Sunday, September 20, 2009

Posner on Friedman on Posner on the Crisis

I invited Judge Richard Posner--who will be contributing a postscript to the book version of Critical Review's special issue on the causes of the crisis--to post a reply to my review in The Weekly Standard of his book, A Failure of Capitalism (Harvard, 2009). And here it is:

I fear that my book may not have conveyed with adequate clarity my views about the economic crisis. The depiction of those views in Jeffrey Friedman’s review does not correspond to what I thought I was saying. He says that the “heart of Posner’s case against ‘capitalism’ is the…theory…[that] perverse incentives, created by banks’ executive-compensation systems, caused the crisis.” That is not my position at all. For one thing, I do not mount a “case against ‘capitalism.’” I believe in capitalism. I merely argued that capitalism is apt to run off the rails without (and here I am quoting from Friedman’s review) “active and intelligent government.” I attribute the financial collapse of last September that deepened a recession into something grave enough to warrant the name of “depression” to unsound monetary policy by the Federal Reserve and to excessive deregulation, coupled with lax regulation, of the financial services industry. Friedman I think agrees, at least about regulation (he doesn’t mention monetary policy at all), as when he remarks that banks’ leverage ratios are regulated by law and “this law, unmentioned by Posner, was probably the main cause of the crisis.” The decision by the SEC in 2004 to allow broker-dealers (Merrill Lynch, Goldman Sachs, Lehman Brothers, etc.—major components of the “shadow banking” system, which played a bigger role in the financial collapse than the commercial banks) to increase their leverage is an example of excessive deregulation, which was indeed, as I emphasize throughout the book, a main cause of the crisis.

Friedman appears to agree that regulatory ineptitude created an environment in which rational self-interest drove bankers to take risks that were excessive from a macroeconomic standpoint. That and unsound monetary policy were the main causes of the crisis—as I argued, I thought clearly and indeed emphatically, in the book (as in my subsequent blogging on the crisis in my Atlantic blog, which is also called “A Failure of Capitalism”).

I never said, by the way, as Friedman thinks I did, that the banks were “heedless of the risk” of risky lending. I said they took risks that seemed appropriate in the environment in which they found themselves. They probably were heedless of macroeconomic risk, but as I explain in the book it is not the business of private business to avoid actions that create external costs, such as the costs borne throughout the economy when the financial system collapses. The responsibility for controlling those costs are the government’s, and it was discharged poorly.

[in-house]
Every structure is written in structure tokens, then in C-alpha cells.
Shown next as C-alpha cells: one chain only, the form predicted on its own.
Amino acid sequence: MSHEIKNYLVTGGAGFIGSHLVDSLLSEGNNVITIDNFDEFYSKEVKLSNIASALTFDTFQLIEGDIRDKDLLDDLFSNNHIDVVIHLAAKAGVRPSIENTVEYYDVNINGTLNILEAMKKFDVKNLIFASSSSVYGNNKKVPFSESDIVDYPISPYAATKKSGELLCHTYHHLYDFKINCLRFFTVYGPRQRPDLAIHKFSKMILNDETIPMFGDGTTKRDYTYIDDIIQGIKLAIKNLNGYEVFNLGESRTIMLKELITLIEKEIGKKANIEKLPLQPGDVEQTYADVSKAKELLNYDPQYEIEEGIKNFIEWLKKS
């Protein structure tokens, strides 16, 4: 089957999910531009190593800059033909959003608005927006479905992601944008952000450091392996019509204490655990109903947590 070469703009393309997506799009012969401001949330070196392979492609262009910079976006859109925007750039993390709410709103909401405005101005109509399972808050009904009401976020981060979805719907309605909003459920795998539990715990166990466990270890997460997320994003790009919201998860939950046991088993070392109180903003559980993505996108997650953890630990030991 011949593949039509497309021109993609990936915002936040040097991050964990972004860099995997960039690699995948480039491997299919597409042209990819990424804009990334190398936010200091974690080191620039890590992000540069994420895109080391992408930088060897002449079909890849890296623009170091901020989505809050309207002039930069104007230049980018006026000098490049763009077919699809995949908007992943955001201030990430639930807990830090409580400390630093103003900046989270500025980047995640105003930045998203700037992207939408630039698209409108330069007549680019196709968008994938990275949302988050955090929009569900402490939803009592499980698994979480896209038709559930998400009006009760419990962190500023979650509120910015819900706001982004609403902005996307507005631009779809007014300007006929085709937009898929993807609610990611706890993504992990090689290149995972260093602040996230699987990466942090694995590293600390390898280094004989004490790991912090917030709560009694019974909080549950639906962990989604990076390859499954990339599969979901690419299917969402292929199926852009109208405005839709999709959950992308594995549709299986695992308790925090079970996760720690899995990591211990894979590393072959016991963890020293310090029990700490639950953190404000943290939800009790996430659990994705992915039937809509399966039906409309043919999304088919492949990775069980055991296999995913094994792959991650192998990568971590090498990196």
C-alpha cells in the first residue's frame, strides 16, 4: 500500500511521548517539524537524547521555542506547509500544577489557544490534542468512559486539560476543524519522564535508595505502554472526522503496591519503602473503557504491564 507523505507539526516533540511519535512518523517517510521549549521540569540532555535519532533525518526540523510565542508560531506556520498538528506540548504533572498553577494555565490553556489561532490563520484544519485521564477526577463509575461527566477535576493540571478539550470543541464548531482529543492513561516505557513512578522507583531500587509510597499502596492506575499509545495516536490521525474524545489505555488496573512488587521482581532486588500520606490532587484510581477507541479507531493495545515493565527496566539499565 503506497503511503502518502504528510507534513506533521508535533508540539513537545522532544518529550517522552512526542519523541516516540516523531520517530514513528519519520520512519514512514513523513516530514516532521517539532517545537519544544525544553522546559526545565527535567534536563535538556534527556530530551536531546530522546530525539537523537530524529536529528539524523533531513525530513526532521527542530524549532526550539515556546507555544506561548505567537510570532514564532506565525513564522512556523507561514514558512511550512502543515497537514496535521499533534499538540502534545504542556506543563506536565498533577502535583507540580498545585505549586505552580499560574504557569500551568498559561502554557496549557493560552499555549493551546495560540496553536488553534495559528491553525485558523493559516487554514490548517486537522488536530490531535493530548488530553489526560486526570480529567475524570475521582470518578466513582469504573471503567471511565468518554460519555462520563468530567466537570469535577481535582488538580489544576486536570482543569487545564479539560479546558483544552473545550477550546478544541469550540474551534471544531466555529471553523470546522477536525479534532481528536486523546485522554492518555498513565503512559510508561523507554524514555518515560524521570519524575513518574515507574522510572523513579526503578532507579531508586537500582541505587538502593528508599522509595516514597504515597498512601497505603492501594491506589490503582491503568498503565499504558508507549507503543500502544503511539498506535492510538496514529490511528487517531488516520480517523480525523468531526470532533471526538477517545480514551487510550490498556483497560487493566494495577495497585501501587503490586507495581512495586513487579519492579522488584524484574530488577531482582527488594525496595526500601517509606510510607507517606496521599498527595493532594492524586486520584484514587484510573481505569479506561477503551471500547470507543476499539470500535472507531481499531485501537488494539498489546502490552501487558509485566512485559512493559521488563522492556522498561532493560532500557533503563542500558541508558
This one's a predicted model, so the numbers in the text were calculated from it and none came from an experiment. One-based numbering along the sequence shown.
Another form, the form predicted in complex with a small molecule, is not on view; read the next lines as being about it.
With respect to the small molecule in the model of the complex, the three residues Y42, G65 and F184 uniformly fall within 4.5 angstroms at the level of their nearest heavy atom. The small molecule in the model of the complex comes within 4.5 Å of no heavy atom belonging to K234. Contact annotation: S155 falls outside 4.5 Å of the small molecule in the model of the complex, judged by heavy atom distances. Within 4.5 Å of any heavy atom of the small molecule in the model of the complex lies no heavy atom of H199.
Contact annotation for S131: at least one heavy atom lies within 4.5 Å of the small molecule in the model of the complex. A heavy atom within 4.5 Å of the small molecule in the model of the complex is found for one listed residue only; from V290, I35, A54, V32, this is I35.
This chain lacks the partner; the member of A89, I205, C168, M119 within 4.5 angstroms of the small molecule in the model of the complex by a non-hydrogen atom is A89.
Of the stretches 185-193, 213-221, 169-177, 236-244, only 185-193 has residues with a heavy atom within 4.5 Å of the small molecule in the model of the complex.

I do think executive-compensation practices played a role in the crisis, and Friedman does me the courtesy of describing my theory of how the practices affected the behavior of banks “logical.” But he is incorrect to suggest that I think the practices “caused” the crisis. They were a causal factor, but not a principal one; the main ones, as I thought I had made clear in my book, were as noted above.

He does make the good point that to test the theory would require correlating different banks’ compensation schemes with different banks’ losses; I don’t believe that that’s been done.

He points out correctly that banks structured as partnerships would be more risk averse than banks that are structured as corporations (because of the limited liability of shareholders), but it is unrealistic to suppose that banks of the scale of the major modern banks could attract sufficient equity capital as partnerships—precisely because of the greater financial risk borne by a partner than by a shareholder. Friedman’s example of a financial company organized as a partnership—Brown Brothers Harriman—has partnership capital of only about $500 million. Goldman Sachs’s market capitalization of almost $100 billion is 200 times greater.

But I agree that the tax laws are among the deep underlying causes of the economic crisis, in particular the deductibility of mortgage and home-equity interest (but not other interest) from personal income tax, which encourages risky investment in housing, and the favorable treatment by the tax code of debt versus equity, which encourages leverage. I do not dwell on these causes of the crisis in my book because they will not be changed. In contrast, improvements in monetary policy and in regulation are at least within the realm of the possible, though perhaps unlikely.

--Richard A. Posner

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